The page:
How to Treat Underarm Ingrown Hairs

Personal Hygiene Image Gallery Preparing your underarms for shaving can prevent ingrown hairs. See more personal hygiene pictures.

Whether you're throwing on a tank top for an aerobics class or slipping into a bathing suit for a day in the sun, your grooming ritual might include shaving or waxing your underarms for a smooth and hair-free look. The skin might be smooth and bump-free for a while, but a few days later you might notice itchy, red bumps in your underarm area. These bumps generally are a sign of ingrown hairs, a pesky problem that is hard to avoid. Fortunately, there are steps you can take to treat them.

Ingrown hairs are strands of hair that either begin growing but stay embedded in the skin or curl over and work their way back into the hair follicle [source: Toronto Cosmetic Clinic]. You'll notice ingrown hairs showing up most often after you shave. Though they're typically not dangerous, they can become infected and cause pimples to pop up, and at their worst, they can cause scarring [source: WebMD].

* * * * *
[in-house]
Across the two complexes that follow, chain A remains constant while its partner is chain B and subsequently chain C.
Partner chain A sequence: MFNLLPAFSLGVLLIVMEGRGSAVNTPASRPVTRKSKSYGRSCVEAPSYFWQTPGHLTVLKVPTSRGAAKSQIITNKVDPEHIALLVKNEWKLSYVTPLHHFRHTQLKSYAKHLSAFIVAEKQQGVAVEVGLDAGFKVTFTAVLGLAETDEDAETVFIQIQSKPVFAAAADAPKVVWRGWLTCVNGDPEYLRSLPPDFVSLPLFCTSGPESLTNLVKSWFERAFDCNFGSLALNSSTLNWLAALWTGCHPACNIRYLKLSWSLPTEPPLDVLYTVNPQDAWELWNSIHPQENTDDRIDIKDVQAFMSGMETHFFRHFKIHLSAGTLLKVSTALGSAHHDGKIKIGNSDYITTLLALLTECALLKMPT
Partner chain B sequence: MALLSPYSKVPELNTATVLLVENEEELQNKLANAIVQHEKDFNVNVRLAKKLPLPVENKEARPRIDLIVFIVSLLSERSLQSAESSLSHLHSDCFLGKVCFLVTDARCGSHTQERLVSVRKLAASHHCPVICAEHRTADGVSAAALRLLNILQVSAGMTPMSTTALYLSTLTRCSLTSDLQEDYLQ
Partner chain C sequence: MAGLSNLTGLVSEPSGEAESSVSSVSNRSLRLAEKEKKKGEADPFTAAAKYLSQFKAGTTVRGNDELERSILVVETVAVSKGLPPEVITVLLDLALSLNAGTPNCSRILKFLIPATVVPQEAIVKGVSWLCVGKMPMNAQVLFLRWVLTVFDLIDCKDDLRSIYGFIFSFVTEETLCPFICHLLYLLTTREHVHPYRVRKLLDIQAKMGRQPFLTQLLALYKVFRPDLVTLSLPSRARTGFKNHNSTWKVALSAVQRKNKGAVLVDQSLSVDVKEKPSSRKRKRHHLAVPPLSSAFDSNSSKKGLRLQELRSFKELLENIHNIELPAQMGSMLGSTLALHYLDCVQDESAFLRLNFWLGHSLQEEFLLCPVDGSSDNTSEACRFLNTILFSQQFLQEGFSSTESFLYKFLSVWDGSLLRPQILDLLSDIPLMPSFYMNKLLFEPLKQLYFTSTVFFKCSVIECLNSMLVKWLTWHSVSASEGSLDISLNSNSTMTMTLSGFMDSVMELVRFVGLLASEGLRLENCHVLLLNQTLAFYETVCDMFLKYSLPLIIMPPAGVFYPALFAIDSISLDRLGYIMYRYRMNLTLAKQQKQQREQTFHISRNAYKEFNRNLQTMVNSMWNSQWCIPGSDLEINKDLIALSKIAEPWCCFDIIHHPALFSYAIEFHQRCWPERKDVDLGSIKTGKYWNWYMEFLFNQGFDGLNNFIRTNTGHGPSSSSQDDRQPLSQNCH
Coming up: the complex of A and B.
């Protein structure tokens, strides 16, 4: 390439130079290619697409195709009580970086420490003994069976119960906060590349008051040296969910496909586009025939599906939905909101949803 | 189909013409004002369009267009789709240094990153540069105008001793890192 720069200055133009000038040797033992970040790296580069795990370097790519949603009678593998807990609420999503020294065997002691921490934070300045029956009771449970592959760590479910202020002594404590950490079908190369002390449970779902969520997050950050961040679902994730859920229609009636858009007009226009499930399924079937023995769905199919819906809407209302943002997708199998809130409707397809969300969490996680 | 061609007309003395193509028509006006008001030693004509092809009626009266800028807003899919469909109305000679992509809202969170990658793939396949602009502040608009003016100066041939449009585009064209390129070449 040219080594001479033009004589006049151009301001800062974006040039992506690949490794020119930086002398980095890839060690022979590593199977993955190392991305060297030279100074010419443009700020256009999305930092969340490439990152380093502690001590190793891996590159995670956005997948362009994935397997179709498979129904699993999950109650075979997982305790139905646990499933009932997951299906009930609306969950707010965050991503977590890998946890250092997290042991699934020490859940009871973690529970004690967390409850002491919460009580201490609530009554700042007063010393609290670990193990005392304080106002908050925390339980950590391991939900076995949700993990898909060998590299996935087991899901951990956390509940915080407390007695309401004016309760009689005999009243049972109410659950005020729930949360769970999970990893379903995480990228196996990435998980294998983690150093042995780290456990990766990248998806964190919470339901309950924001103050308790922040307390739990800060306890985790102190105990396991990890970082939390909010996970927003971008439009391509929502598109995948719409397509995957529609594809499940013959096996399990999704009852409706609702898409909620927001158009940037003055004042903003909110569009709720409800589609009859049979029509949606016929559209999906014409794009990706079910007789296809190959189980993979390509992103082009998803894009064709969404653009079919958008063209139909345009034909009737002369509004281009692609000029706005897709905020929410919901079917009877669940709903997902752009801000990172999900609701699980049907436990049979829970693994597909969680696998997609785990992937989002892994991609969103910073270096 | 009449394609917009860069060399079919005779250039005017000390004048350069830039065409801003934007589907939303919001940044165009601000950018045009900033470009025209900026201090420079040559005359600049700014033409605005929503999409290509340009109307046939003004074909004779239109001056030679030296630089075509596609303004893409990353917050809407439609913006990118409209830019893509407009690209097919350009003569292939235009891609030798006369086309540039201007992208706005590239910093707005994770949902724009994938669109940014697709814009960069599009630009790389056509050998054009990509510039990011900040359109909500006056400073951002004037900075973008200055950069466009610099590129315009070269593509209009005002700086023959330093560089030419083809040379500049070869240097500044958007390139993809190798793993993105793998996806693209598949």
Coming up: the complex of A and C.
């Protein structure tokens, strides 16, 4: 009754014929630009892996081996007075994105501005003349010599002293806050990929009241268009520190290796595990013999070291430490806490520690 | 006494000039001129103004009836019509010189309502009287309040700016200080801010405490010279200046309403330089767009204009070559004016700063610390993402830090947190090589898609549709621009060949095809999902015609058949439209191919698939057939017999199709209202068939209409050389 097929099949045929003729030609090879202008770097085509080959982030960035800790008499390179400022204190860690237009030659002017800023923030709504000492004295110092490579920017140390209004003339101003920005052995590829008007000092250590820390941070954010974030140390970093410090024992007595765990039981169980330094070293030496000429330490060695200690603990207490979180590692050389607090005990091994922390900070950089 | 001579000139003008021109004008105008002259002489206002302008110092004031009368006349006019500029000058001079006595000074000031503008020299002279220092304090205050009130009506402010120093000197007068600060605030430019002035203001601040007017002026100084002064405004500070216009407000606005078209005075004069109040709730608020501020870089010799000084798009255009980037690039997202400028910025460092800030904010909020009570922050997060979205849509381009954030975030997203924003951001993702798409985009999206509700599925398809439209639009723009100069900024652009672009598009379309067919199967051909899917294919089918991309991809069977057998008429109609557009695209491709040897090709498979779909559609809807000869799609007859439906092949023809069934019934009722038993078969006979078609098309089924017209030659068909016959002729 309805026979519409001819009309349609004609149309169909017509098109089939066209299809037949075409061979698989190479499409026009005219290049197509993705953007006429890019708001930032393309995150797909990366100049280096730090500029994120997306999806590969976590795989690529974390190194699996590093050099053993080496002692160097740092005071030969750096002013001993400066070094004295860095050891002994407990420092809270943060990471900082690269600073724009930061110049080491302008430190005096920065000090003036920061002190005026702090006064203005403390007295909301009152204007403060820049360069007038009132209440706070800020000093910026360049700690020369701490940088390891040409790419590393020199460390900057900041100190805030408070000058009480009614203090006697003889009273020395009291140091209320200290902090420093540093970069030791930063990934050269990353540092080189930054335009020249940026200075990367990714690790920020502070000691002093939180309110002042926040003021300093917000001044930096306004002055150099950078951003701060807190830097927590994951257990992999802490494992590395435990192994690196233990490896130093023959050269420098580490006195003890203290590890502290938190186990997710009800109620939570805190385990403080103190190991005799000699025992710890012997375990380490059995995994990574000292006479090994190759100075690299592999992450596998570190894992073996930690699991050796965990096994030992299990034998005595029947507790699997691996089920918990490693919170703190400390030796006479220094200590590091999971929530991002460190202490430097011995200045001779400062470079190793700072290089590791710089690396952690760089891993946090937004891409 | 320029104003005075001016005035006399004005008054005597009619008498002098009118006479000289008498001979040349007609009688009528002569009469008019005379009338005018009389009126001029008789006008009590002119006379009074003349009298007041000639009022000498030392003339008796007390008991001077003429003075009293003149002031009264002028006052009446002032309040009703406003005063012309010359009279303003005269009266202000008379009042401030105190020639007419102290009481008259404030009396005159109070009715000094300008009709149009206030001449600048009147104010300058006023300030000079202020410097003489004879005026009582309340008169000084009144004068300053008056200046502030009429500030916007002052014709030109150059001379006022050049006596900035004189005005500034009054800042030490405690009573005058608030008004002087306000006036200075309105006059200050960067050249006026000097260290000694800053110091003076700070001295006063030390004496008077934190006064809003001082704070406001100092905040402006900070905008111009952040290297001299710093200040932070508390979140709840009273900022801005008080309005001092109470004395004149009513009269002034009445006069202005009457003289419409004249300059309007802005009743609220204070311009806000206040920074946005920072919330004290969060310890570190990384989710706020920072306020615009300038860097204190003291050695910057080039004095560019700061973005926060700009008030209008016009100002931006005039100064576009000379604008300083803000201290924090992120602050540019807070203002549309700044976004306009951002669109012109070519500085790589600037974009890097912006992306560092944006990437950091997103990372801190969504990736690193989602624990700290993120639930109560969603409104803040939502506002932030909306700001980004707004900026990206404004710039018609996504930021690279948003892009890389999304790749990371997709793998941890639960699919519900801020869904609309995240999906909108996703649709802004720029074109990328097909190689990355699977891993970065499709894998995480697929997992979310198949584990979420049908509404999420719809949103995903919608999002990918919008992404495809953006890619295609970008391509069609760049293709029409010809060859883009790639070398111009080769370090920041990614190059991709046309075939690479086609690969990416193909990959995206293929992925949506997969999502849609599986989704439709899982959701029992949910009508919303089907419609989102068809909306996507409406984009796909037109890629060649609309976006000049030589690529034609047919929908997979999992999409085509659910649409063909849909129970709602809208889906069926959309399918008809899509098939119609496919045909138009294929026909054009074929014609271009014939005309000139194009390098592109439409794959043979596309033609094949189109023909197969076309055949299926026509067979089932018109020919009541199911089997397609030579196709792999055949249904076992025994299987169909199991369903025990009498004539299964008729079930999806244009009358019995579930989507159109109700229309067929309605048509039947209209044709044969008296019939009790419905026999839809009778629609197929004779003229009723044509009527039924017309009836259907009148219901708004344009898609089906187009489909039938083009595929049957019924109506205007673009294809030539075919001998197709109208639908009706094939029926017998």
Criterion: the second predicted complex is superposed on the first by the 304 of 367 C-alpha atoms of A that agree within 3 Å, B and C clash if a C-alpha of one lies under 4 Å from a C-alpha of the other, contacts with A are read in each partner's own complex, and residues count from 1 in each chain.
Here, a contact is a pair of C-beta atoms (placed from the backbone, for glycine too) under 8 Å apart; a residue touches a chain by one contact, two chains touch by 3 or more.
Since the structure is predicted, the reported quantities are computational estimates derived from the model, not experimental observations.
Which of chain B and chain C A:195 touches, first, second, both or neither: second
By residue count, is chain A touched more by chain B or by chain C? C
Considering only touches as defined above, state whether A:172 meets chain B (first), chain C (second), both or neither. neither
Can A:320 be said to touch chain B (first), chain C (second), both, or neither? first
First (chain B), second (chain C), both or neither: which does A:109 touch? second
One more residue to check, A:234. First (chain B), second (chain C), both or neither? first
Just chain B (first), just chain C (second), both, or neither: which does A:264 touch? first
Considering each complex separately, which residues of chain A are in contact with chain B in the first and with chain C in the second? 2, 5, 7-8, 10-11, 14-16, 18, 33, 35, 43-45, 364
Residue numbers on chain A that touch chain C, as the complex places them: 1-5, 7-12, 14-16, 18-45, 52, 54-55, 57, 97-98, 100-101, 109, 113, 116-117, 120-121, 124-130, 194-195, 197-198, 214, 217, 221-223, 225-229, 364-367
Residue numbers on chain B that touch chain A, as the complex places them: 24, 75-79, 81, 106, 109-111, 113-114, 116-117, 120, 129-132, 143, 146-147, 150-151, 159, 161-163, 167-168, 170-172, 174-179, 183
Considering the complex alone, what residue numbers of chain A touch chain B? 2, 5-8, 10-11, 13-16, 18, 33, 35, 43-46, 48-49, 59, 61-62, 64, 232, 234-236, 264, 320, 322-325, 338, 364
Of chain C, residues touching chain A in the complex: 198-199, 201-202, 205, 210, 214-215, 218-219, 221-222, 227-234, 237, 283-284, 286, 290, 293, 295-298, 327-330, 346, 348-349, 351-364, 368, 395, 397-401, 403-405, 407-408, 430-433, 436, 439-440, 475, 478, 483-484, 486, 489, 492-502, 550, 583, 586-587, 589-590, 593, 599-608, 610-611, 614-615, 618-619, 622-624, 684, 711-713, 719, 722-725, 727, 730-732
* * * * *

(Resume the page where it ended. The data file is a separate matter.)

Ingrown hairs are capable of developing under skin on any area of your body, especially the face and legs, but they can be particularly annoying when they plant themselves in your armpit. All the friction from moving your arms and your shirt rubbing against your skin, plus the irritation often caused by deodorant, can make the bump feel even worse.

Instead of dealing with the discomfort of ingrown hairs, you can try some preventive measures, such as using a shaving cream or gel, exfoliating dead skin cells away and moisturizing after shaving [source: Brigham and Women's Hospital]. However, if you simply cannot head off ingrown hairs, keep reading to learn about medications and other methods for treating the irritation before you end up with a bigger problem.